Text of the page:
Monday, 22 March 2010

Apricot Danish Pastries by Luca Montersino - Danesi alle Albicocche di Luca Montersino

I got this recipe from Luca Montersino, one of the most popular Italian pastry chefs. For this recipe he doesn’t use croissant dough, but brioche dough. The result was great and I really enjoyed making these pastries. I used a kitchen mixer, which is the best option in my opinion, but if you don’t have one you can of course knead the dough by hands. You can also watch Luca Montersino’s videos here: Danish Montersino Part 1, Danish Montersino Part 2, Danish Montersino Part 3.

Per leggere la ricetta in Italiano andare al fondo del Post


  • Fresh whole milk, 160g
  • Whole eggs, 360g
  • Sugar, 140g
  • Butter, 360g
  • Fresh yeast, 30g
  • Honey, 30g
  • Rum, 15g
  • Salt, 15g
  • Grated zest of a lemon
  • Italian Flour OO (or pastry flour), 1kg (but I used 500g of OO flour and 500g of strong flour)
  • Preserved or canned apricot halves,150g
  • Apricot glaze
  • Vanilla, 1 pod
  • Pastry Cream (Whole milk, 250g, Caster sugar, 70, Half vanilla pod, Egg yolks, 2, Sieved Flour, 40g)


For the Pasty Cream:

In a saucepan, bring the milk slowly to the boil with the vanilla pod (seeds scraped out into the milk). Allow to cool slightly and remove the vanilla pod. In a bowl whisk the egg yolks with the caster sugar. Sift the plain flour and mix thoroughly. Pour the milk onto the egg mix whisking continuously. Return to a clean pan and stir with a wooden spatula to the boil over a gentle heat until it starts to thicken, then using a whisk stir to ensure it is of a smooth texture. Place some cling film over the surface and chill.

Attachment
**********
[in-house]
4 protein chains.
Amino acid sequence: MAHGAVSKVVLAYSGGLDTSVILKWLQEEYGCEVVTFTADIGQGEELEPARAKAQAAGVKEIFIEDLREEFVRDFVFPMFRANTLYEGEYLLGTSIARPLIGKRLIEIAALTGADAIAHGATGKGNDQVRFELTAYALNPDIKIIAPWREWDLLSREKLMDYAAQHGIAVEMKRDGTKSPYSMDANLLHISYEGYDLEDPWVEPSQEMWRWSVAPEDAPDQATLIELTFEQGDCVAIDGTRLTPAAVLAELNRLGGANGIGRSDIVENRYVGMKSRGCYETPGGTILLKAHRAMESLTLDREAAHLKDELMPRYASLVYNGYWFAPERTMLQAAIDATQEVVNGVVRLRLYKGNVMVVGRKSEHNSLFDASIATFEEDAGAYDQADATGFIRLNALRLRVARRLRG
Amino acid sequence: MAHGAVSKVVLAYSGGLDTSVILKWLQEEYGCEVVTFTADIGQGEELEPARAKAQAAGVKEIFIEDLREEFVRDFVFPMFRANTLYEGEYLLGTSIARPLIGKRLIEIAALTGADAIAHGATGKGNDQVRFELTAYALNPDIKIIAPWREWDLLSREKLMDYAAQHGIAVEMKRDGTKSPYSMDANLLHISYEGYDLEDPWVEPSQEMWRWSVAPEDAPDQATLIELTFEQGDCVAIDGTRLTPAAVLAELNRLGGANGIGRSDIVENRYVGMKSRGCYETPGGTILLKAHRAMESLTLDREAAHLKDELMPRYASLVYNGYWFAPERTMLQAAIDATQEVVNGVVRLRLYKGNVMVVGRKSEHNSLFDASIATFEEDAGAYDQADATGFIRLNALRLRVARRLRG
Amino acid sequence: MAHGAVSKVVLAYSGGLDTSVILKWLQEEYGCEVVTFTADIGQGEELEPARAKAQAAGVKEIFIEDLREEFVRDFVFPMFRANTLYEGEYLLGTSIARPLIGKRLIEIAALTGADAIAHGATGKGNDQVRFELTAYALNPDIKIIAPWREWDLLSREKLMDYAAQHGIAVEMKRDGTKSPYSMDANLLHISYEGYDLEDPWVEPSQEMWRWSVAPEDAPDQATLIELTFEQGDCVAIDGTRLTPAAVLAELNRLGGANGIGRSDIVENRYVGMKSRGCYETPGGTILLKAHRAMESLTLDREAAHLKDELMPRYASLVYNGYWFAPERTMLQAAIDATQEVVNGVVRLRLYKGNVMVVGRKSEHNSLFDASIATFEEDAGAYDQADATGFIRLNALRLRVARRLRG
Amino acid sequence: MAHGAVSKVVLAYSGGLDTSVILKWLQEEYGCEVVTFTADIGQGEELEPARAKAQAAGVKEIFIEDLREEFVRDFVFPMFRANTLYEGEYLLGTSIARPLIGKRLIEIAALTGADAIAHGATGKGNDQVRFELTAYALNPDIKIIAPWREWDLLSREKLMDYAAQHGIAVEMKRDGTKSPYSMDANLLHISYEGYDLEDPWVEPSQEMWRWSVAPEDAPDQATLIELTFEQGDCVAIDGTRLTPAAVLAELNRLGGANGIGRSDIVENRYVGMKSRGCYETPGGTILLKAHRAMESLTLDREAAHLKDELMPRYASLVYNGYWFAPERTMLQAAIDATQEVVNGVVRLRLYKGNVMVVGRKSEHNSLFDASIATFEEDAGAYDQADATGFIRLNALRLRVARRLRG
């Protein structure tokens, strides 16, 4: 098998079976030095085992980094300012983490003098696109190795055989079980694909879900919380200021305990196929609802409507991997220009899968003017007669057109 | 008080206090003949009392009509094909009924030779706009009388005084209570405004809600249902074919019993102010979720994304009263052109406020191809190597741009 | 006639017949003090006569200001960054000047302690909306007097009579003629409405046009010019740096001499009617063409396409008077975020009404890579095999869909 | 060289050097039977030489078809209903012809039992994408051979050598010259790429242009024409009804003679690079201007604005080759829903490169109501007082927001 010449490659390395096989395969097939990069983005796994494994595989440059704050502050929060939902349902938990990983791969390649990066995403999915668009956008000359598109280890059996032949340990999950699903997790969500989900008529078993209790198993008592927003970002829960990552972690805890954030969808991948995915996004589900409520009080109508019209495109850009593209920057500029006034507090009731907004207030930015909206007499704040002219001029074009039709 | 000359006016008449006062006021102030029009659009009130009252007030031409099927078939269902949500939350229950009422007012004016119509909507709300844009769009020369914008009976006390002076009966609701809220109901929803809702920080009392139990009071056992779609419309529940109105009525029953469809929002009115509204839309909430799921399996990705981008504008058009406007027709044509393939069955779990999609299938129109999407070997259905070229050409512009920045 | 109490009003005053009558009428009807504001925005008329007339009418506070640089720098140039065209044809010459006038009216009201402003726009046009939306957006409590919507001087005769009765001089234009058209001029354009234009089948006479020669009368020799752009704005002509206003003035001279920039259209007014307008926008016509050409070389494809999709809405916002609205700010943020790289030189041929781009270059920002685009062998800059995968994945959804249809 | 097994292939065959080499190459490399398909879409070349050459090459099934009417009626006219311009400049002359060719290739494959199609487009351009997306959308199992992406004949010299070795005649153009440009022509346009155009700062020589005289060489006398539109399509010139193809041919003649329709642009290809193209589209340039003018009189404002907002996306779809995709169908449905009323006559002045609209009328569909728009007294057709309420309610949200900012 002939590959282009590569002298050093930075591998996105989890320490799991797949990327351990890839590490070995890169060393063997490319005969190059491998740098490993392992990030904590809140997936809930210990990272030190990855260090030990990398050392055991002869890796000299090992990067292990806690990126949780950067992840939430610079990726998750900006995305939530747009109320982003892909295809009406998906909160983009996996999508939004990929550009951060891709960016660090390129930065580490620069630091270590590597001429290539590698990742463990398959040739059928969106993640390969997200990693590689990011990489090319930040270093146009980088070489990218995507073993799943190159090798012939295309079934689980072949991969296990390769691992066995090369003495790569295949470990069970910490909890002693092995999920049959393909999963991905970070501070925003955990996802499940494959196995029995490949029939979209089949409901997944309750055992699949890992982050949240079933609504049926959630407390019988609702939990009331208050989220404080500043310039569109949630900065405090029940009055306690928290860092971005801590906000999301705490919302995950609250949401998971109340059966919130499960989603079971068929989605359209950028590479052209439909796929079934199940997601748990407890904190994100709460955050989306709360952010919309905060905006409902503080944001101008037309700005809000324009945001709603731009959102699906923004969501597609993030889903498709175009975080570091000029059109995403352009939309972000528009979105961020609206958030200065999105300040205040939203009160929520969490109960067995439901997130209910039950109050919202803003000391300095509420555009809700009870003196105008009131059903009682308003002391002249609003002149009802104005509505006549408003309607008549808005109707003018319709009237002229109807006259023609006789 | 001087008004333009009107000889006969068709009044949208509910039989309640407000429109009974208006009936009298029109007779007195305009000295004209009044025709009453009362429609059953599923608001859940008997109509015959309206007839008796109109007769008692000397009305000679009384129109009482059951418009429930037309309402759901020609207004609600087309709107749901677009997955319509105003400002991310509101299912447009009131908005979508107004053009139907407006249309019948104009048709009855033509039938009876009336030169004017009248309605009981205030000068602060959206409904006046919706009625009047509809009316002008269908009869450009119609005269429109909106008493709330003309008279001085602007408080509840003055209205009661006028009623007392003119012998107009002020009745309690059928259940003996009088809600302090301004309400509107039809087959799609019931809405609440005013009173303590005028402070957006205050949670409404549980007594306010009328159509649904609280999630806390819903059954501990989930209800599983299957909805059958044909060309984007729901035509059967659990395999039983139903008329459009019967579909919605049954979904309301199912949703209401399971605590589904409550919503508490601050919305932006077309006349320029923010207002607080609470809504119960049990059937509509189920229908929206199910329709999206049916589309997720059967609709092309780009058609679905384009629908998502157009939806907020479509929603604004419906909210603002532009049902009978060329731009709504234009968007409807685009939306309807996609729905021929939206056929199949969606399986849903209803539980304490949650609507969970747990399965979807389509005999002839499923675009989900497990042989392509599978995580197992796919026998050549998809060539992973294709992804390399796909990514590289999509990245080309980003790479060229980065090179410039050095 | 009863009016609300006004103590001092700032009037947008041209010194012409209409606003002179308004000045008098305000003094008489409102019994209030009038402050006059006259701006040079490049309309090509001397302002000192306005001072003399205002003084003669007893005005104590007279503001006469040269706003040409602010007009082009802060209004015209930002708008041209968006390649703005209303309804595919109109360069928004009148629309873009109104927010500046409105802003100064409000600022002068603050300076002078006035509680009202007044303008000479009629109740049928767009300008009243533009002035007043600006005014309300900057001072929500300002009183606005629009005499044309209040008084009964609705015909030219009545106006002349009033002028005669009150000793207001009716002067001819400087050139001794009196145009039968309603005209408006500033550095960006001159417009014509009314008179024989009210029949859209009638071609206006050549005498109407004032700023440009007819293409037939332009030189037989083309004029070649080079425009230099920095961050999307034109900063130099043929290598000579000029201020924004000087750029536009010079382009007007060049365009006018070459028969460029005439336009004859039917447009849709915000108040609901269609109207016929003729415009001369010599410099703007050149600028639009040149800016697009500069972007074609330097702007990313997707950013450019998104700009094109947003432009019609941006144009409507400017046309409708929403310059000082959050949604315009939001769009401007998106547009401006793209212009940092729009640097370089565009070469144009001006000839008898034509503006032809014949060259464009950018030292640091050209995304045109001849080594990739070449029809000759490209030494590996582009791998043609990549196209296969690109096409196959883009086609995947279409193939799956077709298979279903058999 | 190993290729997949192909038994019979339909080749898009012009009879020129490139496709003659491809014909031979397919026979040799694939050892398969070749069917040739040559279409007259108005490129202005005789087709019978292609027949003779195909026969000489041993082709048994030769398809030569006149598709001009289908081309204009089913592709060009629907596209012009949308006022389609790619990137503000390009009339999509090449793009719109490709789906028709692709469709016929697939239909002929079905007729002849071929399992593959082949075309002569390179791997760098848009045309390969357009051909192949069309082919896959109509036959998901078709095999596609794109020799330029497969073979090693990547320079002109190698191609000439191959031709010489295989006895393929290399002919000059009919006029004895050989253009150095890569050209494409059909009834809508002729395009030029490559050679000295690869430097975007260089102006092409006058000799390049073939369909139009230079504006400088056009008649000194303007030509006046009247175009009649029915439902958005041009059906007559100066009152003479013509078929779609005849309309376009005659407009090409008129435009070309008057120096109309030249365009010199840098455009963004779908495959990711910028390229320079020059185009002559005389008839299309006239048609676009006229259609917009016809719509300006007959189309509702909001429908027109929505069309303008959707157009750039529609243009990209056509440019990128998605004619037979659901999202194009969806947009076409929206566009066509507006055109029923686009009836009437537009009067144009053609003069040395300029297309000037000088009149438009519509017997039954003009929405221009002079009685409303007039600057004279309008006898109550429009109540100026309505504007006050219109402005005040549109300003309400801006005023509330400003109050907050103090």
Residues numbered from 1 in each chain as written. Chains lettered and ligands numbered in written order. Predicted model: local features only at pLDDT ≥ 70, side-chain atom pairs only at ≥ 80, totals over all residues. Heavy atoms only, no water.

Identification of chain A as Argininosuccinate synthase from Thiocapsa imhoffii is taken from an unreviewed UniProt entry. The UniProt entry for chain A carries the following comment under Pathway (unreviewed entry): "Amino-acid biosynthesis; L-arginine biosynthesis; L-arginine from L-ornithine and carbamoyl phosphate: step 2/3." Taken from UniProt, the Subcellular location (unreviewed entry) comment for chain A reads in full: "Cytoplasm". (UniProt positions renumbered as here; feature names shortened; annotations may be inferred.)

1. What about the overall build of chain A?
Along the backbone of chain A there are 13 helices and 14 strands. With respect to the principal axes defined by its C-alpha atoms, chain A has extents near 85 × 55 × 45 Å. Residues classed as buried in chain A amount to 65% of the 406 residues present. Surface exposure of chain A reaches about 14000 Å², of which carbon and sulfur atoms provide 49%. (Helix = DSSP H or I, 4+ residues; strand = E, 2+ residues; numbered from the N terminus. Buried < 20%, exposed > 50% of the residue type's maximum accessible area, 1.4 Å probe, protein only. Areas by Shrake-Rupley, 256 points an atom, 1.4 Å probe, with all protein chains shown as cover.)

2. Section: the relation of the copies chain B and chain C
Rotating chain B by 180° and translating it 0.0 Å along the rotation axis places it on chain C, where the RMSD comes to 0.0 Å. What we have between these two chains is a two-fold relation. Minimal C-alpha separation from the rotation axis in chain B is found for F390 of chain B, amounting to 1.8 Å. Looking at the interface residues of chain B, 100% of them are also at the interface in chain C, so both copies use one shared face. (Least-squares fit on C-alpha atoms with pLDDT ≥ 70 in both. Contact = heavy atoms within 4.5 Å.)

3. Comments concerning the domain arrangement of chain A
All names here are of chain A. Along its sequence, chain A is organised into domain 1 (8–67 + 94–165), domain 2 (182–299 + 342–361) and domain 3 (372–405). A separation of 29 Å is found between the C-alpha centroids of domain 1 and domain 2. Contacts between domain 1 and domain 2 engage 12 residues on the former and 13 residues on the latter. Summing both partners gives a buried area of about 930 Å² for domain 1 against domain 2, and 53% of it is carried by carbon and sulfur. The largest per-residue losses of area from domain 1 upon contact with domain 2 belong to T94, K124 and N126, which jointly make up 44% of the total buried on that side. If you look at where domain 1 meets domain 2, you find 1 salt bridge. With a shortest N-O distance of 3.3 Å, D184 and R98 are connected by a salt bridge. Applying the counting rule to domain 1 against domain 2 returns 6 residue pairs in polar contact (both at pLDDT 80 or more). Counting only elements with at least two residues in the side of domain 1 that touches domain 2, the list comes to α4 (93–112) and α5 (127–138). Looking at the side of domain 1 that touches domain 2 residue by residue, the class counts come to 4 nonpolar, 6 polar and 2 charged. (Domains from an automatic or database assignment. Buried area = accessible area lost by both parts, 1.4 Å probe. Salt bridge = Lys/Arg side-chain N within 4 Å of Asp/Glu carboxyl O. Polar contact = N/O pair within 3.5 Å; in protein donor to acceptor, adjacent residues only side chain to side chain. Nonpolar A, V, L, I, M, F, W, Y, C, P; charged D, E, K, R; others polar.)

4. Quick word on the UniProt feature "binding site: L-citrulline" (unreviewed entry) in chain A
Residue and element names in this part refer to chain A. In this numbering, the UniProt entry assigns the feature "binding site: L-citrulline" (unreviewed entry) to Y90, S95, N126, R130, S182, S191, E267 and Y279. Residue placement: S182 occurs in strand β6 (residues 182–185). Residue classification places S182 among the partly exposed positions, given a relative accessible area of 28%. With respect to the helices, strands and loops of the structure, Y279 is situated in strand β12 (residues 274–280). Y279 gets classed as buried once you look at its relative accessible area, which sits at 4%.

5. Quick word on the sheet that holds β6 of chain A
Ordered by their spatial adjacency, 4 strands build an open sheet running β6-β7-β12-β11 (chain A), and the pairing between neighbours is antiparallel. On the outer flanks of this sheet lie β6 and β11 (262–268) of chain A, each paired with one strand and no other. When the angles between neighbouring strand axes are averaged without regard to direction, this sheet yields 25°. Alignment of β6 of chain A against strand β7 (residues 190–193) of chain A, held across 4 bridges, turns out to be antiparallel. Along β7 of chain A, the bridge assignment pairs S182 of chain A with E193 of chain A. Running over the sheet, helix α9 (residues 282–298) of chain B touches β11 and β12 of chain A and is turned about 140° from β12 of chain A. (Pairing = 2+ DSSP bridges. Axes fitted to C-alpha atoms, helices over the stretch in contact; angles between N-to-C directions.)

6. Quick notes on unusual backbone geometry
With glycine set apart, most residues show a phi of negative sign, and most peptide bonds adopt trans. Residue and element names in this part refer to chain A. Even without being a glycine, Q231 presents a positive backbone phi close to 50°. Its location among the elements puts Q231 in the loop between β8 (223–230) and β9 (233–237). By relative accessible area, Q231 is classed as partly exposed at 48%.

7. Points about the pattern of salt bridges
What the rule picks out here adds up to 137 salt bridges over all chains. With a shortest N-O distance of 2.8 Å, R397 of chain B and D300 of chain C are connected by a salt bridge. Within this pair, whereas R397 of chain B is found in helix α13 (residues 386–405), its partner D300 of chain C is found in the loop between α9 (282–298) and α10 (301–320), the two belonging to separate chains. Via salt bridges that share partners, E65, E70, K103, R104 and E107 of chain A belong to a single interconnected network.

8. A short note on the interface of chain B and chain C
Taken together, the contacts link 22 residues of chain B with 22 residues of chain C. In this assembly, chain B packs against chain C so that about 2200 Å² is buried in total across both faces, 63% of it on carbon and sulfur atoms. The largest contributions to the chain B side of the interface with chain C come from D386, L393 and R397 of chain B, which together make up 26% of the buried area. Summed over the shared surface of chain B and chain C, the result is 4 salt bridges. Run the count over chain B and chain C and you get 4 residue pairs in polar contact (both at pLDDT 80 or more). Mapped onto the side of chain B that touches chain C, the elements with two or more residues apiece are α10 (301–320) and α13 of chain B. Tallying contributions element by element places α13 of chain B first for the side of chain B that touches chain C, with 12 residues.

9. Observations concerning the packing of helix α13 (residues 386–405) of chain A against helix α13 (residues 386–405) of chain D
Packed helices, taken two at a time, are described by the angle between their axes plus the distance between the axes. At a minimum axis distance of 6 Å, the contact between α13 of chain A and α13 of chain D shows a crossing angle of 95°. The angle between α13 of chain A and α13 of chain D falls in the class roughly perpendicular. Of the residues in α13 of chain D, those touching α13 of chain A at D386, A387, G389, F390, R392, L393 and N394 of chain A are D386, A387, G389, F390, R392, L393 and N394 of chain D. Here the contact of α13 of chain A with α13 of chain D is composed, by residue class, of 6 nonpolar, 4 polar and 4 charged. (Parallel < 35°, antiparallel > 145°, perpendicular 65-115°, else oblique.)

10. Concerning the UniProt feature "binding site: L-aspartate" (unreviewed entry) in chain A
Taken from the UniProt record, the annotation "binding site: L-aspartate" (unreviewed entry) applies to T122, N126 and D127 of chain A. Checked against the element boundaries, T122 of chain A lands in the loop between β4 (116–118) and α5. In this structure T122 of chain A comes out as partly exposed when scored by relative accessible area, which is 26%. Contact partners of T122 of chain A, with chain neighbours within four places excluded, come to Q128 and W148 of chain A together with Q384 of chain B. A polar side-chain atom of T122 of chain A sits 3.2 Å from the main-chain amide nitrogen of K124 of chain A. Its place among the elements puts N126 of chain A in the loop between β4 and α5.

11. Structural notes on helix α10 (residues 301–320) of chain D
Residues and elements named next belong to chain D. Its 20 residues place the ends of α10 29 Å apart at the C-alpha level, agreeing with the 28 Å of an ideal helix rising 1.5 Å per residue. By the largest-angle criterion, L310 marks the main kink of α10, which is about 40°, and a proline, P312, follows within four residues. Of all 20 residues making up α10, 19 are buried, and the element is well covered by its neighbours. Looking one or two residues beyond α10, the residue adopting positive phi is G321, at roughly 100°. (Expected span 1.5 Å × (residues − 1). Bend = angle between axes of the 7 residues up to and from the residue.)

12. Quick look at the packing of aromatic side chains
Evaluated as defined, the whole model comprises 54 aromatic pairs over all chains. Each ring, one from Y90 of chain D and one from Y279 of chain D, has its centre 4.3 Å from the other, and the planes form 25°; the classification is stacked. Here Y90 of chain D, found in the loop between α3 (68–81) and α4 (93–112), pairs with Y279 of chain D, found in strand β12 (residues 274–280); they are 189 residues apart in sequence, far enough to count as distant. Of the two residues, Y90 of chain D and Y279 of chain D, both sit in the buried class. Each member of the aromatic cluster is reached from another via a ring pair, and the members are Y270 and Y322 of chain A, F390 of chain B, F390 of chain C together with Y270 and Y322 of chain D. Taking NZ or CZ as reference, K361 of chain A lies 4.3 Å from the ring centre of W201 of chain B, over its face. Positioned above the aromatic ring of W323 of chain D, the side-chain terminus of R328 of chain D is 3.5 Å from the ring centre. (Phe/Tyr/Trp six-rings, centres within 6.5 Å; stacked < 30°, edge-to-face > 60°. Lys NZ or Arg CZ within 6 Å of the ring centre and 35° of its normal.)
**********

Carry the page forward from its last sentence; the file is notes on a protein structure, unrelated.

For the Danish Pastries:

In a kitchen mixer, combine butter, sugar, lemon zest, rum and vanilla seeds (scraped from the pod) and beat until very fluffy (for about 10 minutes at high speed).
Transfer the mixture to a different bowl and set aside.
Put the flour in the kitchen mixer, break the yeast with your hands and add it to the flour. Using a dough hook, start working the flour and the yeast, adding the eggs one at a time (speed 2).